In the last several years, EPA has issued numerous rules impacting the oil and gas industry. While petroleum refineries in the downstream segment face new compliance challenges with the first ever fenceline monitoring requirement for benzene, regulations imposed on the upstream and midstream segments seek to curb emissions of greenhouse gases (GHGs) and volatile organic compounds (VOC). As if these new challenges were not enough, the EPA has strongly signaled through information collection efforts that more regulations on the upstream and midstream segments are forthcoming. Continue reading “Muddying the Upstream and Midstream Waters”
The oil and gas sector is suffering from the recent reduction in prices. Lower prices mean fewer wells being drilled, reduced employment in the sector and a slowly diminishing production rate. However, the problems facing the oil and gas industry have not deterred the Environmental Protection Agency (EPA) from pressing ahead with its climate agenda as it relates to oil and gas production. Continue reading “Let’s Just Kick Them While They Are Down”
EPA continues to focus on the oil and gas sector in its relentless quest for reduction of methane and volatile organic compound (VOC) emissions. It now seeks to expand on the standards announced in 2012 for hydraulically fractured natural gas wells by having additional standards on a variety of sources in place by 2016.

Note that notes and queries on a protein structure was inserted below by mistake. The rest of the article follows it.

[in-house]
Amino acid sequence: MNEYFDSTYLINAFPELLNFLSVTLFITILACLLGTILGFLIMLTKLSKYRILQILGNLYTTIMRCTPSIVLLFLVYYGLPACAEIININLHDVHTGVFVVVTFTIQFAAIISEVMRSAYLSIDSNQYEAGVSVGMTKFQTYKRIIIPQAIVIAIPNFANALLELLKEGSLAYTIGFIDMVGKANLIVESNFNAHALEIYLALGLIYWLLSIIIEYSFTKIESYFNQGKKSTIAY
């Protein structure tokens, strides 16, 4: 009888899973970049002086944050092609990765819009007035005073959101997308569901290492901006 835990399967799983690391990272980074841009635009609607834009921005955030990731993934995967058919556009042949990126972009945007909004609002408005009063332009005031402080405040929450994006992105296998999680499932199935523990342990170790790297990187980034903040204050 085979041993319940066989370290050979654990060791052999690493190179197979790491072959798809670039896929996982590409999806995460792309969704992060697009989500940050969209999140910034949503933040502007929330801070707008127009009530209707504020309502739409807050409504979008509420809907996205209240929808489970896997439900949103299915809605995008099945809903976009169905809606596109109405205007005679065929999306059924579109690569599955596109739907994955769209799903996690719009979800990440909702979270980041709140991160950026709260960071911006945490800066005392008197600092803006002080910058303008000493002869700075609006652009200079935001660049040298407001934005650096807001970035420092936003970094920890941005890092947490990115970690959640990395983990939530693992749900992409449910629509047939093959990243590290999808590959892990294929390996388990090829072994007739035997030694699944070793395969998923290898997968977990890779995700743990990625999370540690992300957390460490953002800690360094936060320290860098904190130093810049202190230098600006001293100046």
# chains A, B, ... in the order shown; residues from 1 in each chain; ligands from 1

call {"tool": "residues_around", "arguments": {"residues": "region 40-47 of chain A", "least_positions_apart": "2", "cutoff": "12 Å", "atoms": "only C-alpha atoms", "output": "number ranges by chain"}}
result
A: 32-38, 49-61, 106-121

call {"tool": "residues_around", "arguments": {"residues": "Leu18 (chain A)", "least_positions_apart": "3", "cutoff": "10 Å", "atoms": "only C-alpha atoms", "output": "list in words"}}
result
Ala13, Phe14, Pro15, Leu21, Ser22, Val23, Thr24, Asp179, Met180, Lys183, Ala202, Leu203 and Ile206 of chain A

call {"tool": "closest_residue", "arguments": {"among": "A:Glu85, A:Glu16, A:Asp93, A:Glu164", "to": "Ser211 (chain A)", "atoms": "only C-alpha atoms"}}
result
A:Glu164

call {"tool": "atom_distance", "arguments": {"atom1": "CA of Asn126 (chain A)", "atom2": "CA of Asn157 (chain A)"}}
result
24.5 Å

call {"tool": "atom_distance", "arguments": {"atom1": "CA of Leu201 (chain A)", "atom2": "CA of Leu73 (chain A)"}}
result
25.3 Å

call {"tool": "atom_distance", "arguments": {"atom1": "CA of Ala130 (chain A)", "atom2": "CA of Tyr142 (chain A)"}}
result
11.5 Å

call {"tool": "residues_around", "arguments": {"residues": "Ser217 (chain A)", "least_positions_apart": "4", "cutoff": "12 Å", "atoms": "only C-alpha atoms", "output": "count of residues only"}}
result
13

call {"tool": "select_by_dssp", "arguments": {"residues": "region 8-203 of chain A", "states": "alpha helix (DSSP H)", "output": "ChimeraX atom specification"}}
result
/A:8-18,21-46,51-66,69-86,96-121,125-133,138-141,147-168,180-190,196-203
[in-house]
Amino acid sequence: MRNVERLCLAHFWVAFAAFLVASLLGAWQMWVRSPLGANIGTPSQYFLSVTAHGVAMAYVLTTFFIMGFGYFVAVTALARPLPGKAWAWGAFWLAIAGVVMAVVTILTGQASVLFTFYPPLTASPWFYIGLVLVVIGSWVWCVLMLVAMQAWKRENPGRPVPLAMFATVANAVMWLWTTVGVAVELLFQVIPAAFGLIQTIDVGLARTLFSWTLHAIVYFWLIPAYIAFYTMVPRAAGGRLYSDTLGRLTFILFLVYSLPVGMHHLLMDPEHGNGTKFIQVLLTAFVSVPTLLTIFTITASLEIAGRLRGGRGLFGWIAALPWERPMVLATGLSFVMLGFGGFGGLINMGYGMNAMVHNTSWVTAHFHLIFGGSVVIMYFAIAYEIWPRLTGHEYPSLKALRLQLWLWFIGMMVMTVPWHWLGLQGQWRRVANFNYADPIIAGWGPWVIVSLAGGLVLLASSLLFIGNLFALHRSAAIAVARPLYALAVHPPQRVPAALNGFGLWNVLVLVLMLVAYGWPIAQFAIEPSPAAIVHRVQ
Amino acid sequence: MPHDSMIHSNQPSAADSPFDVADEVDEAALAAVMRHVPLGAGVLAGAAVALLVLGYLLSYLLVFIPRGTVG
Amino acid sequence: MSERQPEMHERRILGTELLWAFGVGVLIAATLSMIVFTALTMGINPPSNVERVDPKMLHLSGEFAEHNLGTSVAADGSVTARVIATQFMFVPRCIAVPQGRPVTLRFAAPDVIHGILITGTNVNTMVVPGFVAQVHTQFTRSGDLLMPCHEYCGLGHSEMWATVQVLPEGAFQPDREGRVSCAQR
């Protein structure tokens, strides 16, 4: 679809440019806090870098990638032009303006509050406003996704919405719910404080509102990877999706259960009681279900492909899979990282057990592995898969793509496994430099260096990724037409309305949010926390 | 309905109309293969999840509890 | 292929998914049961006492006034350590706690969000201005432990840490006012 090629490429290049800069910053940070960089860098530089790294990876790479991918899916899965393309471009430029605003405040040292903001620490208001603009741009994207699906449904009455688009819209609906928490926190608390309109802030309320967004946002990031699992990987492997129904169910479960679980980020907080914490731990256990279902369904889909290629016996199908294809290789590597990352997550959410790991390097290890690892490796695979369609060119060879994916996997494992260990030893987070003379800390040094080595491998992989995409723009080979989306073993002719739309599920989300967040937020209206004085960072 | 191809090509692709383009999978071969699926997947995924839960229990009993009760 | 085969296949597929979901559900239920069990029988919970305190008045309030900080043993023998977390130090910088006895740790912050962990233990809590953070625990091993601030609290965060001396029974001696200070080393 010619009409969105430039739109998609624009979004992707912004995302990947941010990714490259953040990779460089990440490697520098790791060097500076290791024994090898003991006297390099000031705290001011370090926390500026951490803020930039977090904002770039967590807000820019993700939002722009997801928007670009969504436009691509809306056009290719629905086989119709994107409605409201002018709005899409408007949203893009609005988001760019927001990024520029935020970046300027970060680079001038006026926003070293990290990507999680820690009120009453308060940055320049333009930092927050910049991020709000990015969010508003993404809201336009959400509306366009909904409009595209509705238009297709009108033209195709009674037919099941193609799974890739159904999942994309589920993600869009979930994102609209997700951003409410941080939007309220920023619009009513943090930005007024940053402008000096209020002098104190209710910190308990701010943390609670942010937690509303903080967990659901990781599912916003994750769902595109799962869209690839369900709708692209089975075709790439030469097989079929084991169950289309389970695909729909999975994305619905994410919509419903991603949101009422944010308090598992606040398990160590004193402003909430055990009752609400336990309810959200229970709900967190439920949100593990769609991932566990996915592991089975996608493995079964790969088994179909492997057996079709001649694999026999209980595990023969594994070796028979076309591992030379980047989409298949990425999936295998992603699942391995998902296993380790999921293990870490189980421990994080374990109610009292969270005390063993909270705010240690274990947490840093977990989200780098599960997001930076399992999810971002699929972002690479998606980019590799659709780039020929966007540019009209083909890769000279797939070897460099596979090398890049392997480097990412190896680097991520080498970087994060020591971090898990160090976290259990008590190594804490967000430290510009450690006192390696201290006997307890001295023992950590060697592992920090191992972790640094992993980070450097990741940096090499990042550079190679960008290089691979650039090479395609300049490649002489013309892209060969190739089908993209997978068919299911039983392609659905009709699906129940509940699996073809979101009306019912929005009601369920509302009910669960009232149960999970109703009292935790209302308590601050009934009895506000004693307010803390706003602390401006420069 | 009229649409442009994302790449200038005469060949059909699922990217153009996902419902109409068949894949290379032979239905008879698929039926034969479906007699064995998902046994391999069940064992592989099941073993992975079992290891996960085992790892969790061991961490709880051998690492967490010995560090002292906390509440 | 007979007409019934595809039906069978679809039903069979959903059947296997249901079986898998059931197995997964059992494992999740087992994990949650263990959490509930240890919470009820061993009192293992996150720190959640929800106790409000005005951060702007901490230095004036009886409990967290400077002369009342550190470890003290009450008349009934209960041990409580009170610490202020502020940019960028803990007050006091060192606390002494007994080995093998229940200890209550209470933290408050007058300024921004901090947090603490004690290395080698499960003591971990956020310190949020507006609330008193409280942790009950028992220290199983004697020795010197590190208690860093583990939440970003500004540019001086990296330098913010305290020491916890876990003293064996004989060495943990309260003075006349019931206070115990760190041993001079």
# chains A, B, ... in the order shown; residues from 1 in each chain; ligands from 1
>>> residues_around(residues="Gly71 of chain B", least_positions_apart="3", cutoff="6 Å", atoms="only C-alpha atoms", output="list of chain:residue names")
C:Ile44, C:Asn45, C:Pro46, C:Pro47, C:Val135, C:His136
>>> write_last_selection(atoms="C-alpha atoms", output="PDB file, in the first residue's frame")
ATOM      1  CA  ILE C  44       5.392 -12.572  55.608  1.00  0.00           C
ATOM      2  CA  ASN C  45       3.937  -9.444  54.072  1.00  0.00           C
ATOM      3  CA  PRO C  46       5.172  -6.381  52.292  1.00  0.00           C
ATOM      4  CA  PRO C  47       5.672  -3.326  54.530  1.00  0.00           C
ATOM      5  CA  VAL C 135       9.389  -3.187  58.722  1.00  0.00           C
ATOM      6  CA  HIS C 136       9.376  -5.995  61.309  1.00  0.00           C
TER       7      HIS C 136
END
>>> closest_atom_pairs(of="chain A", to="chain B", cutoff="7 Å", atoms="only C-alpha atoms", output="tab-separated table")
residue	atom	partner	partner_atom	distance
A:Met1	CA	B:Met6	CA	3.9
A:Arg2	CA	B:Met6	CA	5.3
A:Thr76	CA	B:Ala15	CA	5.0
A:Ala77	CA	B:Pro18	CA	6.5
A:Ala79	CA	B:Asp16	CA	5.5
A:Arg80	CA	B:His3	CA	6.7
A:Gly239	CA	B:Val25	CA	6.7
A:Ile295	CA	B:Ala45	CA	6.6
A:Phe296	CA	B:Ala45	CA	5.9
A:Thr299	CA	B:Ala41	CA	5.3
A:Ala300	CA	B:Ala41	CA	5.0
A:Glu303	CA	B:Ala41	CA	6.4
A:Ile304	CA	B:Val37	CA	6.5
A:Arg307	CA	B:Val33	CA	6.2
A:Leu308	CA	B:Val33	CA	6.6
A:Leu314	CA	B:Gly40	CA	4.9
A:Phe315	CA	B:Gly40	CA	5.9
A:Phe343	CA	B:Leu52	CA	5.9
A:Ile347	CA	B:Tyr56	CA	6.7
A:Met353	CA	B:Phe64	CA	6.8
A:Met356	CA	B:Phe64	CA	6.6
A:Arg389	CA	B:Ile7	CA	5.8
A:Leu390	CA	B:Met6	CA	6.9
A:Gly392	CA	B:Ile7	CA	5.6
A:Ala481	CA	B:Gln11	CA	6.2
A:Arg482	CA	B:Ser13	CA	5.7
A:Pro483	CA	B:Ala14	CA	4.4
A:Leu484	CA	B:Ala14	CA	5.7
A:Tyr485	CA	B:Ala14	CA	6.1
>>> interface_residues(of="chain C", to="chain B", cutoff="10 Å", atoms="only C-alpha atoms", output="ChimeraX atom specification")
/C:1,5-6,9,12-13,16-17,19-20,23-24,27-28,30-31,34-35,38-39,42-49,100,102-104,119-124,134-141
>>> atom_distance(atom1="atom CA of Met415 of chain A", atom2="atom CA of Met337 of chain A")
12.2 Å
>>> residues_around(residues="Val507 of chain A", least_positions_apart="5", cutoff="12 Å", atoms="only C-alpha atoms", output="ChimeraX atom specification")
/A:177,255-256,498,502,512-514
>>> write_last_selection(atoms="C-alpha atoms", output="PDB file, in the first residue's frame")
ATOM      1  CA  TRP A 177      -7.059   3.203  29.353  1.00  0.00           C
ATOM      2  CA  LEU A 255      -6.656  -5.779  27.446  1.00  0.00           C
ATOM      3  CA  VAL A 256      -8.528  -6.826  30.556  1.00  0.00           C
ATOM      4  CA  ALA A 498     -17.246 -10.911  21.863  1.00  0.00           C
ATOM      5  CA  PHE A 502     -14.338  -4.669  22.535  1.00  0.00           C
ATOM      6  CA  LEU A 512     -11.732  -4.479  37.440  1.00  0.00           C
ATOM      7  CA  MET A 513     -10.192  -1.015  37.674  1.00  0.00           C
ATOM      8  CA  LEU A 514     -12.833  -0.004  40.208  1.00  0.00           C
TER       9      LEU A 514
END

Methane accounts for about 9 percent of domestic greenhouse gas emissions. Although methane emissions have decreased since 1990, EPA predicts they will increase through 2030 if action is not taken. As a result, EPA believes new reductions are necessary in order to meet the administration’s goal of reducing greenhouse gas emissions by 17-percent below 2005 levels by 2030. As the oil and gas sector accounts for roughly 28 percent (in 2012) of greenhouse gas emissions, EPA sees it as a fertile ground for action. Continue reading “New Climate Rules Will Impact Oil and Gas Industry”
Automotive dealerships face numerous challenges in the current economic climate.An ongoing challenge, in good times and bad, is ensuring that environmental liability and the associated costs are minimized as much as possible so that capital is are not needlessly expended.The risk of liability may be minimized by taking several pro-active steps.
Limiting Liability for Past Contamination
It should not come as a surprise that the owner of an automotive dealership will be held liable for spills and releases of spent solvents, used oil, gasoline, or other pollutants or contaminants into soil, surface water, or groundwater that occur when the owner is in control of the property.Compliance with the regulations and good housekeeping, discussed in greater detail below, may limit the risk of these spills or releases.Unfortunately, however, environmental practices or controls were not as stringent in the past as they are today.Spills and releases of pollutants that occurred many years ago continue to persist today in soil and groundwater at or under the property. Continue reading “Environmental Issues Facing Auto Dealers”